There are two statements in Chapter one I want to talk about:
The first is Ruth's Pledge to Naomi.
16But Ruth said,
"Do not press me to leave you
or to turn back from following you!
Where you go, I will go;
where you lodge, I will lodge,
your people shall be my people,
and your God my God.
17Where you die, I will die —
there will I be buried.
May the LORD do thus and so to me,
If even death parts me from you!"
When my daughter-in-law pledged allegiance to the United States of
America together with people from 90 different countries and became an American citizen, it was a bit like this.
This text is often used as a wedding text, but in the book of Ruth the wedding comes later. Is this a misuse of the text?
Is it possible that a commitment to one is a commitment to all?
The second statement is Naomi's lament to the women.
"Call me no longer Naomi,
call me Mara,
for the Almighty has dealt bitterly with me.
21I went away full,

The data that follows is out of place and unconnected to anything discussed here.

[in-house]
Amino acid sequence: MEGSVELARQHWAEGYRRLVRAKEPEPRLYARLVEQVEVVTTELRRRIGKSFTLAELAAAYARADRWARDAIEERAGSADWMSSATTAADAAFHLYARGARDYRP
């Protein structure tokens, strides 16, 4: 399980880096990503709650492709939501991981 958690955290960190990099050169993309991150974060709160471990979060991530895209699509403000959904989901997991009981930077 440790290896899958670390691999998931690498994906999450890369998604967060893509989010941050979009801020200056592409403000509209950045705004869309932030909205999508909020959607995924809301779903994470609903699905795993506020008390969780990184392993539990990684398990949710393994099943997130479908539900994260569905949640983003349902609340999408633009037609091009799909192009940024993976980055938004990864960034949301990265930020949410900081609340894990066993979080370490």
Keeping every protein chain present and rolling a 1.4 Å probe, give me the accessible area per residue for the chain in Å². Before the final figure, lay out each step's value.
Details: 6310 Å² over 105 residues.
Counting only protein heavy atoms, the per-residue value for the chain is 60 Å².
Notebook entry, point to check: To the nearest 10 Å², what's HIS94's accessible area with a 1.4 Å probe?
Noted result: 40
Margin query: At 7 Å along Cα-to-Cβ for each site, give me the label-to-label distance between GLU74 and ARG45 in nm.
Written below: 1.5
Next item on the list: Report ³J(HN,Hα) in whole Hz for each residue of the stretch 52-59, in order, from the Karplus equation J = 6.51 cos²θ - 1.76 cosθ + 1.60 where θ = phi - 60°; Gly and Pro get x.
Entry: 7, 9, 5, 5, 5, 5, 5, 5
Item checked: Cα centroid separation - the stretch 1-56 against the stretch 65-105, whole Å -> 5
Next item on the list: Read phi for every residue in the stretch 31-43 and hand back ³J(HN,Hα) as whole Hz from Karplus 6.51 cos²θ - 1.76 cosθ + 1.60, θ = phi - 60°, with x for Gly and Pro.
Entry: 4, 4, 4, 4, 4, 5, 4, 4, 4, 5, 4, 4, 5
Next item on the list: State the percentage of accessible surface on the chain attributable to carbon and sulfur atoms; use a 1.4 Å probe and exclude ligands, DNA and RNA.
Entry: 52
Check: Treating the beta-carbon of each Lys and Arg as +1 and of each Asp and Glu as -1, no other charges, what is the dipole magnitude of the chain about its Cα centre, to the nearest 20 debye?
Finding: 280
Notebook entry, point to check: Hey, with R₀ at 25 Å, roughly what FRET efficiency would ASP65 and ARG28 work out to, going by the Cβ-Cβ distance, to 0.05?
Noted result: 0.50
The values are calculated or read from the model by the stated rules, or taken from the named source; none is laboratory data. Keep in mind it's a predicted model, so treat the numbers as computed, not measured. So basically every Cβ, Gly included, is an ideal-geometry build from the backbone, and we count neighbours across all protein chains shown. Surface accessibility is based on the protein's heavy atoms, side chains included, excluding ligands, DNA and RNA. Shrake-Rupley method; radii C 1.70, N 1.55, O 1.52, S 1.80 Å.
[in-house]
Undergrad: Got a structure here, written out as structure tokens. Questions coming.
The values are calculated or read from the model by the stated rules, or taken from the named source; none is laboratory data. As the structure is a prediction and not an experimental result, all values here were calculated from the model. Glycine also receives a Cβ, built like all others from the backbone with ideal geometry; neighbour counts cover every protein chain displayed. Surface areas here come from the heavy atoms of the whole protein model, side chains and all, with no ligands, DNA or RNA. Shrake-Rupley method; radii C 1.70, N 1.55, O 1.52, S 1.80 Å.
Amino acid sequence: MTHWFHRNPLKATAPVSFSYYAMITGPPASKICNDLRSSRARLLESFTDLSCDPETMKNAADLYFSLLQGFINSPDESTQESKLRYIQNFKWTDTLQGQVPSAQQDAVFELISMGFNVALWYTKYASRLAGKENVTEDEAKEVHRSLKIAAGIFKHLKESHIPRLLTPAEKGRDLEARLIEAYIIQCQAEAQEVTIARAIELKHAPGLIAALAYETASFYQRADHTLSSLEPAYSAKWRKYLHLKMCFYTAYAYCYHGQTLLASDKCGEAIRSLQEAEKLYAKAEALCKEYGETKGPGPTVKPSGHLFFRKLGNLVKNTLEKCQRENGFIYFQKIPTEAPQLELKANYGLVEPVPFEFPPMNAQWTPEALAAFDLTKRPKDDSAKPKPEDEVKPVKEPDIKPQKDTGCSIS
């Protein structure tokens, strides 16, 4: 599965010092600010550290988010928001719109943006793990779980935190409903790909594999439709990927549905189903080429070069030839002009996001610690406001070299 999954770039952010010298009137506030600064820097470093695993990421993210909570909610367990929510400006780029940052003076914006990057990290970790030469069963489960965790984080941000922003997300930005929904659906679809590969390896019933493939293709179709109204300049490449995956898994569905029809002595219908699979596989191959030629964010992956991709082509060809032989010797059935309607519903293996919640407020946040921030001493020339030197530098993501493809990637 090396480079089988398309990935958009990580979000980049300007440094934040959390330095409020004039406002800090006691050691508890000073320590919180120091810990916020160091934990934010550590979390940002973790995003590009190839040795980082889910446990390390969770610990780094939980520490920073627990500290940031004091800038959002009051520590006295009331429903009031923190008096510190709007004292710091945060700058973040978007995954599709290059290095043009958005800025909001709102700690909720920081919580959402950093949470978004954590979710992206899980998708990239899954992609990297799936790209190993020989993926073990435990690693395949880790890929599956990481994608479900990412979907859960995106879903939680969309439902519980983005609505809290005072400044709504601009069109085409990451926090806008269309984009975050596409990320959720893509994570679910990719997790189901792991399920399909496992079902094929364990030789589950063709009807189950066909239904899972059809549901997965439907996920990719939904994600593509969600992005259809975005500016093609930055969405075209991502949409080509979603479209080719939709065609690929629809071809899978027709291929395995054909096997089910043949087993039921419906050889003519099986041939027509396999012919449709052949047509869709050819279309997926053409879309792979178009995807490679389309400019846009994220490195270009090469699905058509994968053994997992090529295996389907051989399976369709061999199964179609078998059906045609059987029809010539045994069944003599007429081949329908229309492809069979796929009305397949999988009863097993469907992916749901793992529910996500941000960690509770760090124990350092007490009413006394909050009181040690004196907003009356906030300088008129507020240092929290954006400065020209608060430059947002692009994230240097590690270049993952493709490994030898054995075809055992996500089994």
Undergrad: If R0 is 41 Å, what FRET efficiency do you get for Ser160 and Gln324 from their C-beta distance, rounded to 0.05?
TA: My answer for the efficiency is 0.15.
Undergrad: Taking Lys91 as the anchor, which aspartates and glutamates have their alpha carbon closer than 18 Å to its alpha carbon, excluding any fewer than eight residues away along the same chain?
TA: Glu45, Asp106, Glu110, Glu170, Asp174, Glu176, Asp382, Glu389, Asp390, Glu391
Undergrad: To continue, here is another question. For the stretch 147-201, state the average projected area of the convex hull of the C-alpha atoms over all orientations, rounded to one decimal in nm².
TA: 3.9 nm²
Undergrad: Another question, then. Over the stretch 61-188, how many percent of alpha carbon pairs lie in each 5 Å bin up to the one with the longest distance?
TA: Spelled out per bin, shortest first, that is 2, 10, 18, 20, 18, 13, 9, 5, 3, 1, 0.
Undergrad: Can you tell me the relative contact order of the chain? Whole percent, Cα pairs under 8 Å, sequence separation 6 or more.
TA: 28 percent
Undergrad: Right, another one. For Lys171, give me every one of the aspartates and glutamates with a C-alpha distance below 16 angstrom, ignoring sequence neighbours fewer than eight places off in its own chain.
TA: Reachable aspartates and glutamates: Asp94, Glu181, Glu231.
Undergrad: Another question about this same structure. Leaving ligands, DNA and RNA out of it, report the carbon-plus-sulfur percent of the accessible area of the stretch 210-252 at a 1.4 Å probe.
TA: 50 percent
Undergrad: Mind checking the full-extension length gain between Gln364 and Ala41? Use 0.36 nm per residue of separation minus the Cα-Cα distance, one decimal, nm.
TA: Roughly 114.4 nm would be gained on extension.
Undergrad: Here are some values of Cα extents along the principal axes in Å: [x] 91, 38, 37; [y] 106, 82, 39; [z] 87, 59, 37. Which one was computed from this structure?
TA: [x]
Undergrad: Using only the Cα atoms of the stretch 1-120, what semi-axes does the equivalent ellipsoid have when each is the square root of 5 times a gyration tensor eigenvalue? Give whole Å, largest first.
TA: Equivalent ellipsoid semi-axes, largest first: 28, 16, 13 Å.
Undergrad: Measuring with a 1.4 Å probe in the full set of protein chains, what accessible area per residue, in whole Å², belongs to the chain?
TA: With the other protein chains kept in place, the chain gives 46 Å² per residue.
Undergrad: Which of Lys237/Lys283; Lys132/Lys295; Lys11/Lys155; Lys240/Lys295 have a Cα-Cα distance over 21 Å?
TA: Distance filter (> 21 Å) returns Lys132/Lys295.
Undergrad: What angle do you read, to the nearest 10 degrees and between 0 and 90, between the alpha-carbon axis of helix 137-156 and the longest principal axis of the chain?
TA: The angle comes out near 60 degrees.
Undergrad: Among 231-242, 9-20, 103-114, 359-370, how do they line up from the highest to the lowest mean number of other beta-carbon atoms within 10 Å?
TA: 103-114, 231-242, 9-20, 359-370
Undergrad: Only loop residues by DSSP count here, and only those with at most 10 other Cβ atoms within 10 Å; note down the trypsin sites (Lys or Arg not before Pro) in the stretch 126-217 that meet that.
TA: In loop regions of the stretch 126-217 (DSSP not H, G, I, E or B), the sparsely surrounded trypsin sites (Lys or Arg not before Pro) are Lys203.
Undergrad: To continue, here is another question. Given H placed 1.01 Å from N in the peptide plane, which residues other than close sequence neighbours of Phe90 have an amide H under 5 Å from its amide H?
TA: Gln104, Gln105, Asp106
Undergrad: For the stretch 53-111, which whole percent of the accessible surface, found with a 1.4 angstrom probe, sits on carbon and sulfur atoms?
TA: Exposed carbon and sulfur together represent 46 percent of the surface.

but the LORD has brought me back empty;
why call me Naomi
when the LORD has dealt harshly with me,
and the Almighty has brought calamity upon me?"
The word Mara means bitterness. Naomi has gone from being full to being empty, and she blames God for dealing harshly with her.
I wonder if the main character of the book may not be Naomi in a journey from being full to empty to full again as the story progresses.
Does this lament seem a great deal like the beginning of some of the psalms? Does this ring true with yourself or someone you know and care about?
Lastly, Ruth arrives in Israel as a refugee and not a relative by blood. How would such a person be received in many countries today?
In the introduction from the Lutheran Study Bible, this story may have been used against the warnings about foreign women that came from Ezra and Nehemiah following the return from exile in Babylon. What do you think about that?